Frequently Asked Questions
- In addition to investigating sworn complaints and hearing appeals of automatic fines, does Florida Elections Commission handle other types of cases?
- Where can I find the dates and locations of the Commission meetings?
- Where can I get an advisory opinion concerning election laws?
- Who can file a complaint with the Florida Elections Commission?
- How do I file a complaint with the Florida Elections Commission?
- May I file more than one complaint?
- When a complaint is filed, what are the restrictions concerning the confidentiality of the complaint?
- Will the person named in a complaint be told that the complaint has been filed?
- How long does it take a Florida Elections Commission investigator to complete the investigation of the complaint?
- Will the person under investigation receive a copy of the report of the investigation?
- What are the Commission's procedures for the probable cause hearing?
- If the Commission does not find probable cause, what happens to my case?
- If the Commission finds probable cause, am I entitled to a hearing?
- If probable cause is found and the person under investigation is an elected officer, can the Florida Elections Commission remove the officer from office?
- Can the Florida Elections Commission arrest someone for violating an election law?
- My filing officer has fined me for filing my campaign report late. How do I appeal the automatic fine to the Florida Elections Commission?
- Will the filing officer waive my fine if I provide him with credible evidence of unusual circumstances?
- What happens to my appeal if I do not request a hearing?
- Why does the Commission investigate some election law violations and fail to investigate others in the same race or community?
- Can candidates or committees file amended campaign reports with the Florida Elections Commission?
- Can the Florida Elections Commission's investigators come to our municipality and remove all campaign signs in the right-of-way?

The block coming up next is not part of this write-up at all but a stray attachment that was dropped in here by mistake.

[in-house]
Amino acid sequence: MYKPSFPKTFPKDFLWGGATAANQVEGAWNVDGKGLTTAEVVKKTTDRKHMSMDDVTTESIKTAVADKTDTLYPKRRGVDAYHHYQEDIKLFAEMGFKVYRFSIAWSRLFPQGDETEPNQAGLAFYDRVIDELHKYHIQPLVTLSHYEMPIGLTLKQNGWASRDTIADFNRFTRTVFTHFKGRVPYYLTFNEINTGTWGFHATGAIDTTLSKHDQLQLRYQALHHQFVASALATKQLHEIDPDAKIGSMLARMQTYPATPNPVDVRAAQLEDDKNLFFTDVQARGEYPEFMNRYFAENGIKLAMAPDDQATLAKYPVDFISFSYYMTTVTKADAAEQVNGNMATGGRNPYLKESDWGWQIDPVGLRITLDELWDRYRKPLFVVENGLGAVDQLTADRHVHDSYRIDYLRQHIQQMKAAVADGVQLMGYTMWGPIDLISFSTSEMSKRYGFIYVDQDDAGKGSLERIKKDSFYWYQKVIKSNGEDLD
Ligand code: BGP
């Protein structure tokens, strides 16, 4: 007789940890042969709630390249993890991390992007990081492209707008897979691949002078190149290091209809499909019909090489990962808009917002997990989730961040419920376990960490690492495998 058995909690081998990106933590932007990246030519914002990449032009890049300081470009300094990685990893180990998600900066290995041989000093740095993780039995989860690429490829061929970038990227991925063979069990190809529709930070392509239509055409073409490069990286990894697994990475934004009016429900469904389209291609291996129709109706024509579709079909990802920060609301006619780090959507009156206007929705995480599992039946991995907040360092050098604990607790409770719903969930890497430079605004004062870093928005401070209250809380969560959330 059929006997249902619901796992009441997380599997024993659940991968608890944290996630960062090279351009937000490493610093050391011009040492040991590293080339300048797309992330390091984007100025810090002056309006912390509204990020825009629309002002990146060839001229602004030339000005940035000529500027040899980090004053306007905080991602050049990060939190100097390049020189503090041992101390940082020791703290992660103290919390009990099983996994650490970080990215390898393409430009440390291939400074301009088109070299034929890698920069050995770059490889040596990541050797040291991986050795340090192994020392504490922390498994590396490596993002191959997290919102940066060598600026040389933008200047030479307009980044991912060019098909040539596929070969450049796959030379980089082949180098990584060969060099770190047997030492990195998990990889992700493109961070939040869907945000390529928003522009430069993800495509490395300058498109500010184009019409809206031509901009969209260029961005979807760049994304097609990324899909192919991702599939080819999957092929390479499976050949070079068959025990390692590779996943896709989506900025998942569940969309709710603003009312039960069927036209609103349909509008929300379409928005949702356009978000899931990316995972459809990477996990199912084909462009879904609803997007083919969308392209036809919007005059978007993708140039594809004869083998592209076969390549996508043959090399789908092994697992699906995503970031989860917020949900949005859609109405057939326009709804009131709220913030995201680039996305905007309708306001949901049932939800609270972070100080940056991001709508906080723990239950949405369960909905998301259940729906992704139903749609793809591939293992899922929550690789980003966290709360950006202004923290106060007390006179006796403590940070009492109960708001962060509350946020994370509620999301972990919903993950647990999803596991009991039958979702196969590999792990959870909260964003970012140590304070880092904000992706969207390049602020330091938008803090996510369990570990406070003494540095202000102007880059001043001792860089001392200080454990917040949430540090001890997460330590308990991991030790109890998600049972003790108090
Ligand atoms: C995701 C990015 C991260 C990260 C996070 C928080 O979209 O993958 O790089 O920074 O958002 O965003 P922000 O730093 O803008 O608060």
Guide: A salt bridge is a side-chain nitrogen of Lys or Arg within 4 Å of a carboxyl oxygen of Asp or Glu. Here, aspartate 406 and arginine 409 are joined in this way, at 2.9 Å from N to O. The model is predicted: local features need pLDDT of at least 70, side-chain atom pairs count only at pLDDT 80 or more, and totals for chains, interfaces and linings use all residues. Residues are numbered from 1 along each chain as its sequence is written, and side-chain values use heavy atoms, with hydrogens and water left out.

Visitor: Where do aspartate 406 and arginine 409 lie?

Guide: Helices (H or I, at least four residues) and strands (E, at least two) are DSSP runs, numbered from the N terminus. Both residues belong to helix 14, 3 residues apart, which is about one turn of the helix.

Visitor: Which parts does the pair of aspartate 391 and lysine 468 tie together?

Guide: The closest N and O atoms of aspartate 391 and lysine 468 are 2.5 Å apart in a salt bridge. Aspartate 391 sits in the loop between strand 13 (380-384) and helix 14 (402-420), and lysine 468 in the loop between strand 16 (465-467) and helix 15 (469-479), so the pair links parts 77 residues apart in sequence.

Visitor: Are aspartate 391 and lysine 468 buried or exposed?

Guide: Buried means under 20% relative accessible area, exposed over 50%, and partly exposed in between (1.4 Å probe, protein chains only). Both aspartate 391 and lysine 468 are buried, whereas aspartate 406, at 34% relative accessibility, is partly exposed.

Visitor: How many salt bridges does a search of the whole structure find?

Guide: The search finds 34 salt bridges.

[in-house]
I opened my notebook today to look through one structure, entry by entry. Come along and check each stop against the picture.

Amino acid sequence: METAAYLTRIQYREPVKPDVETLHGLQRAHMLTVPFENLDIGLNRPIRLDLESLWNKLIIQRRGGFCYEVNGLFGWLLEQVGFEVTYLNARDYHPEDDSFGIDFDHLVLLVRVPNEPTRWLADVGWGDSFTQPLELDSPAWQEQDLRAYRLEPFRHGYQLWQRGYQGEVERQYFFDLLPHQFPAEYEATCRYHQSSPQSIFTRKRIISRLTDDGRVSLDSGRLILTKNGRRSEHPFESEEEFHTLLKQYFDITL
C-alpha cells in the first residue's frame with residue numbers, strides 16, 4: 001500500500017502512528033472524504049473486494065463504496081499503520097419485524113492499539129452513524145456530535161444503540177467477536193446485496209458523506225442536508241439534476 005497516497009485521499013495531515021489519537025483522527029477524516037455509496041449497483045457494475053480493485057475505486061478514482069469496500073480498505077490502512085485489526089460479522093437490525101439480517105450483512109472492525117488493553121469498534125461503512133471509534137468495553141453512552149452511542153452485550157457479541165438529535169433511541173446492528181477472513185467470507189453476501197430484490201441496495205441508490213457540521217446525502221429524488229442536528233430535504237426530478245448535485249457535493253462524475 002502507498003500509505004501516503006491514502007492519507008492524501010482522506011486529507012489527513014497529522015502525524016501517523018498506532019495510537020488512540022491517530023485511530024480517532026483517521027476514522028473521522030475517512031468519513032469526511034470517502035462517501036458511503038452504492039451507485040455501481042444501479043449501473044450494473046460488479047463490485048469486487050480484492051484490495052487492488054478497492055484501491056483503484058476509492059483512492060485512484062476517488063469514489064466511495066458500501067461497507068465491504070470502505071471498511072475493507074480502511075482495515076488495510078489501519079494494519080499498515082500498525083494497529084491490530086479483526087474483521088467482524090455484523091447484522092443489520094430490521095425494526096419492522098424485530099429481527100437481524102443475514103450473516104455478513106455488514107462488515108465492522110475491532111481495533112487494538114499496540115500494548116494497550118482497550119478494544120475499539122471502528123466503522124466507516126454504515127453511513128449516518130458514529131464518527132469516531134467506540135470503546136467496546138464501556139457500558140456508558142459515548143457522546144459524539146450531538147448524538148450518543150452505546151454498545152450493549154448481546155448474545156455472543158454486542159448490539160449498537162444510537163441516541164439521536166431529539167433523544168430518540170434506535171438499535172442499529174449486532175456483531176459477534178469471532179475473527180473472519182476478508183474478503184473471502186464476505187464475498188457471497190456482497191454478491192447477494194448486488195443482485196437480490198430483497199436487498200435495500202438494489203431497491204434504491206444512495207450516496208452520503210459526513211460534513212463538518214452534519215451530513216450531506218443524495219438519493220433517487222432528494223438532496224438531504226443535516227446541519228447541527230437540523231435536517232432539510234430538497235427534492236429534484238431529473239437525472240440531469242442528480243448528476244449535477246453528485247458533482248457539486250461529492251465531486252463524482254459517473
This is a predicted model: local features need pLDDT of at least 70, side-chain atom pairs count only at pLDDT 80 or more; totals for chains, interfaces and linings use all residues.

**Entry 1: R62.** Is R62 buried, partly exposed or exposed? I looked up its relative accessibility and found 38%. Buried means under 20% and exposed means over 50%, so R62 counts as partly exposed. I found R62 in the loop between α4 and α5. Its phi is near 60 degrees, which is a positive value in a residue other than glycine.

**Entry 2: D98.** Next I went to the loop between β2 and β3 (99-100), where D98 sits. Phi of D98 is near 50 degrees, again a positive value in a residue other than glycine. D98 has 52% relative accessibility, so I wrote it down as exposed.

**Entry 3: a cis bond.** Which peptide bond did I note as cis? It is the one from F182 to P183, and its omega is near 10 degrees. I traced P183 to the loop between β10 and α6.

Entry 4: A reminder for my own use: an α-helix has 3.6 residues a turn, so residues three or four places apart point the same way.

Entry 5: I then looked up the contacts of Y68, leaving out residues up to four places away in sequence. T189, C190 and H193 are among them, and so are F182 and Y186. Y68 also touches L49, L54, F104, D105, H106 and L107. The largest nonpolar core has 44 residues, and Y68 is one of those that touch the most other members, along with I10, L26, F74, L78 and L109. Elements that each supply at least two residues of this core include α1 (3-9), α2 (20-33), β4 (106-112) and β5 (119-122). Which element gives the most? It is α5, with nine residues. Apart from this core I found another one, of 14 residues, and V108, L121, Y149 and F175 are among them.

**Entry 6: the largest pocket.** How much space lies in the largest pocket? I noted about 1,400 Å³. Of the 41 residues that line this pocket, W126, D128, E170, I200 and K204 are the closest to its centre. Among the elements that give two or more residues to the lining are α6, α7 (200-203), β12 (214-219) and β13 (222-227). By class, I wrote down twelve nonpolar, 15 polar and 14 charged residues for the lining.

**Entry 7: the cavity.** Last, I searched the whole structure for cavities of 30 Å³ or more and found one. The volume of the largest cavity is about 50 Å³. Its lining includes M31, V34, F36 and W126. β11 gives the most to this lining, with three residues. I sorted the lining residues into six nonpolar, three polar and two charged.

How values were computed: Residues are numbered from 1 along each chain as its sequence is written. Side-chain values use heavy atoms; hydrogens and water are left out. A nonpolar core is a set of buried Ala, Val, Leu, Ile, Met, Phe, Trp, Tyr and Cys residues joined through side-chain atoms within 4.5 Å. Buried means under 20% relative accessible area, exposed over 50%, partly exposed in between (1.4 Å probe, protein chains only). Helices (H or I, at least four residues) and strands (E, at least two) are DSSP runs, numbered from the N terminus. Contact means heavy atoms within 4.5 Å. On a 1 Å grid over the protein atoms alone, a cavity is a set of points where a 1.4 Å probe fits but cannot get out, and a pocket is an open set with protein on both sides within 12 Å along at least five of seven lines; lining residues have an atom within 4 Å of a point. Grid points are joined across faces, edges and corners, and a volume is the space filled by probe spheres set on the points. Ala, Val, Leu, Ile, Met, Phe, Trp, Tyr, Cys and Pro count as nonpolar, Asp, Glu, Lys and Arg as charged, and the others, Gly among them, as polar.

Yes. The Commission hears cases referred from filing officers where a candidate or committee has failed to file a report or statement, including campaign reports, waivers of campaign reports, annual reports, office account reports, and statements appointing a registered agent. Infrequently, the Commission hears appeals from committees that have received a notice of intent to cancel their registration from the filing officer.
All of the Commission meetings are in Tallahassee and the Commission advertises its meetings in the Florida Administrative Register (FAR), which is published by the Department of State. The Commission's website also lists the dates and locations of the meetings. Most of the Commission's meetings are open to the public. However, periodically, parts of the meetings may be closed to the public because the Commission is handling confidential matters (e.g., Probable Cause Hearings).
For advice concerning the election laws, review the publications of the Division of Elections at its website, http://dos.myflorida.com/elections/, or telephone the Division at (850) 245-6200 and ask for the General Counsel's Office. While the Commission has authority to investigate and adjudicate sworn complaints, it is not authorized to issue advisory opinions. See Section 106.26(13), Florida Statutes.
Any person having personal information or information other than hearsay regarding alleged violations of Chapters 104 and 106, Florida Statutes, can file a complaint. The Commission cannot investigate a violation until it receives a legally sufficient sworn complaint. See Section 106.25(2), Florida Statutes.
You can download a copy of the Commission's complaint form from its website. Pursuant to Rule 2B-1.0025, Florida Administrative Code, your complaint must meet the following criteria in order to be considered sufficient:
When completed, mail the complaint with your original signature to the Florida Elections Commission at 107 West Gaines Street, Suite 224, Collins Building, Tallahassee, FL 32399-1050. The Commission will not accept faxed or emailed complaints because an original signature is required.
- The Commission's complaint form has been used, and all information requested by the form has been provided on the form;
- A single respondent has been named in the complaint. A complaint cannot be filed against more than one person;
- The complaint has not been submitted anonymously;
- All exhibits or attachments referenced in the complaint have been included with the complaint;
- The complaint was signed by the complainant under oath in the presence of a notary public or other person authorized by law to administer oaths;
- The complaint contains the original signature of the complainant;
- The complaint alleges a violation of Chapter 104 or 106, Florida Statutes;
- The complaint contains specific facts upon which the complainant bases the allegation of a violation of law;